“The number of Gospel manuscripts in existence,” says Roberts, “is about 20 times larger than the average number of extant manuscripts of comparable writings.”
But, interestingly, it’s because we have so many copies still in existence that we know about the discrepancies.
Right. Bart Ehrman, New Testament scholar (and skeptic) has famously stated that there are more errors (called “variants”) in the New Testament than there are words. There are about 140,000 words in the Greek New Testament, and there are between 200-400,000 variants.
How does this happen?
Well, think about it like this. This article is about 2400 words. If I made 5700 copies (which is how many manuscript copies of the Gospels we’ve found), and if each copy of my article had just one unique typo, that’s 5700 variants–or over twice as many errors as words.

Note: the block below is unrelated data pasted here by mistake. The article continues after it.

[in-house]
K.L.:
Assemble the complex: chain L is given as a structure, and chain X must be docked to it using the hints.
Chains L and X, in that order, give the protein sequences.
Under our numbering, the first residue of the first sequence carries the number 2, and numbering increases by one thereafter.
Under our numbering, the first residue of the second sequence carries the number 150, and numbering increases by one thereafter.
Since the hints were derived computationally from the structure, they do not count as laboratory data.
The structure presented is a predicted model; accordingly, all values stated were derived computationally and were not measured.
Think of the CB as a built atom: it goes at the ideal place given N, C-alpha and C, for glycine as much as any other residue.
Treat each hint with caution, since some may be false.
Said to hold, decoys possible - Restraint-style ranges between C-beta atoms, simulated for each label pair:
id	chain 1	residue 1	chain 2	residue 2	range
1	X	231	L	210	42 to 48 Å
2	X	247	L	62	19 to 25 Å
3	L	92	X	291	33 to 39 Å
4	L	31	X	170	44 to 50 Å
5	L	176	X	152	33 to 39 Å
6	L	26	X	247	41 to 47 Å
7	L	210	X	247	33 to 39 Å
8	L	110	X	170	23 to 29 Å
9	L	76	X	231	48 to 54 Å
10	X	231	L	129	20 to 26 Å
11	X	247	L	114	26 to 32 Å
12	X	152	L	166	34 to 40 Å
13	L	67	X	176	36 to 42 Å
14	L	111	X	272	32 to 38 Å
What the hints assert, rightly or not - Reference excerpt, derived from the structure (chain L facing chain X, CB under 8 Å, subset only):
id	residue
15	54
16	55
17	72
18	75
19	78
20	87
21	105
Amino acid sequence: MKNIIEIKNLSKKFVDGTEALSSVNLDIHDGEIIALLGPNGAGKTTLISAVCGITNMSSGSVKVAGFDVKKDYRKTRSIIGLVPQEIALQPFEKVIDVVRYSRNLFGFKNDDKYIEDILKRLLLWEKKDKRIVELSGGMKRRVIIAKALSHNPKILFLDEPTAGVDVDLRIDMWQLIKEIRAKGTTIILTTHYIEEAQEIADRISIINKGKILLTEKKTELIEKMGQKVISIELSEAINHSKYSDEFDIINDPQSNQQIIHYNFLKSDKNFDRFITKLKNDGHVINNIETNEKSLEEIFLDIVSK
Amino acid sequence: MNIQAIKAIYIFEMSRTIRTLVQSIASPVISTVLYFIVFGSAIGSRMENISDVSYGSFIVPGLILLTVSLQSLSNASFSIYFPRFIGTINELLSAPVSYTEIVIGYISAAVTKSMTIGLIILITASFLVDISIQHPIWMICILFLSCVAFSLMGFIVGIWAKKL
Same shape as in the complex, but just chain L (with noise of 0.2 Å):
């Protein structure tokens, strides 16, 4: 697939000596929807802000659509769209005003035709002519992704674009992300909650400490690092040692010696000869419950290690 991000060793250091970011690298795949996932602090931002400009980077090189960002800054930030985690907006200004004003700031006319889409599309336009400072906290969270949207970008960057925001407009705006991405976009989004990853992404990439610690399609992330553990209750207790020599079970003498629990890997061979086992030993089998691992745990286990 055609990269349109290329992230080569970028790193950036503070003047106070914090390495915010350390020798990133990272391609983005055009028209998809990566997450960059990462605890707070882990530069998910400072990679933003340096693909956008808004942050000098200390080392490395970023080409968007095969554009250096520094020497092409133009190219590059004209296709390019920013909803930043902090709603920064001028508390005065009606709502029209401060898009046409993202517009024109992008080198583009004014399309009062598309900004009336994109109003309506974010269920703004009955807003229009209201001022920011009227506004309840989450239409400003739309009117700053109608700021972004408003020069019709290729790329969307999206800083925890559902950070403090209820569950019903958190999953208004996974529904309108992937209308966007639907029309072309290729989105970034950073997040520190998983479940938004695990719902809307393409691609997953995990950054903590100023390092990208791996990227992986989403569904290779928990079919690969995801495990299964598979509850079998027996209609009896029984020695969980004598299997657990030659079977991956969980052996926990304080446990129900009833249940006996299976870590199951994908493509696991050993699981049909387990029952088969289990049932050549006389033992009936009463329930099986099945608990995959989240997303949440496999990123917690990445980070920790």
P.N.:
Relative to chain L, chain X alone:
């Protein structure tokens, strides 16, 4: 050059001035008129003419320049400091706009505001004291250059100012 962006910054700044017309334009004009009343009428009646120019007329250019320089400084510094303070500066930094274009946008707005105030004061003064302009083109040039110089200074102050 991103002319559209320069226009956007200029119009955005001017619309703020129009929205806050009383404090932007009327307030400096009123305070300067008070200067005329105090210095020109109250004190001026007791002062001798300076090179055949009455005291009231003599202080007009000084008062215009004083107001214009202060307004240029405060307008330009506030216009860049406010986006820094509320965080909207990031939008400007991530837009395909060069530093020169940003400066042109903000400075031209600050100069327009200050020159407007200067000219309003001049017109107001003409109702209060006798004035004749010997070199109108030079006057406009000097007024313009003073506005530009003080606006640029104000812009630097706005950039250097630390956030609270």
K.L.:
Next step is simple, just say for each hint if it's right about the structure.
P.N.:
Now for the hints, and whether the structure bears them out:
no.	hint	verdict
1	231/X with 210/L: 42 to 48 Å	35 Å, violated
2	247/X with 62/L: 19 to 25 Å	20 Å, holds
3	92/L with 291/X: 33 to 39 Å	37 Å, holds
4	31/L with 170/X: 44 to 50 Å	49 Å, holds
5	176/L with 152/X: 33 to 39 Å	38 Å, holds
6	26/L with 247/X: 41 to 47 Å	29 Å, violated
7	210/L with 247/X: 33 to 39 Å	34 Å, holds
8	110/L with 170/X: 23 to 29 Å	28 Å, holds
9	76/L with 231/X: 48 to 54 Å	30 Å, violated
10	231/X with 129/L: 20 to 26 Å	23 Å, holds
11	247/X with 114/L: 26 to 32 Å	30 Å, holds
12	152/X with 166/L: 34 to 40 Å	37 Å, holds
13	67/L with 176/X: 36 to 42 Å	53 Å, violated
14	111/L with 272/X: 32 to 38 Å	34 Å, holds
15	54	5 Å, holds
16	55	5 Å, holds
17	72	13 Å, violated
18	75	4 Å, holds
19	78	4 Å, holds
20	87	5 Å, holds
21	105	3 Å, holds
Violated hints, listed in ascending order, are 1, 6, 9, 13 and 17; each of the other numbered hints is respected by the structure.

You see, what sounds like a bad thing (more errors than words) is actually a blessing, because with that many copies, textual critics (scholars who compare ancient documents to determine the original wording) are able to work back to the original.
“Text critic Daniel Wallace concludes that ‘only about 1% of the textual variants’ make any substantive difference. And few, if any, of these have any bearing on theologically important matters,” says Roberts.
And here’s the key: “If you actually took out of the Gospels every word that was text-critically uncertain, the impact on your understanding of Jesus would be negligible.”
In other words, what scholars (Christians and non-Christian alike) have found is that we have an excellent record of what the original four Gospels said.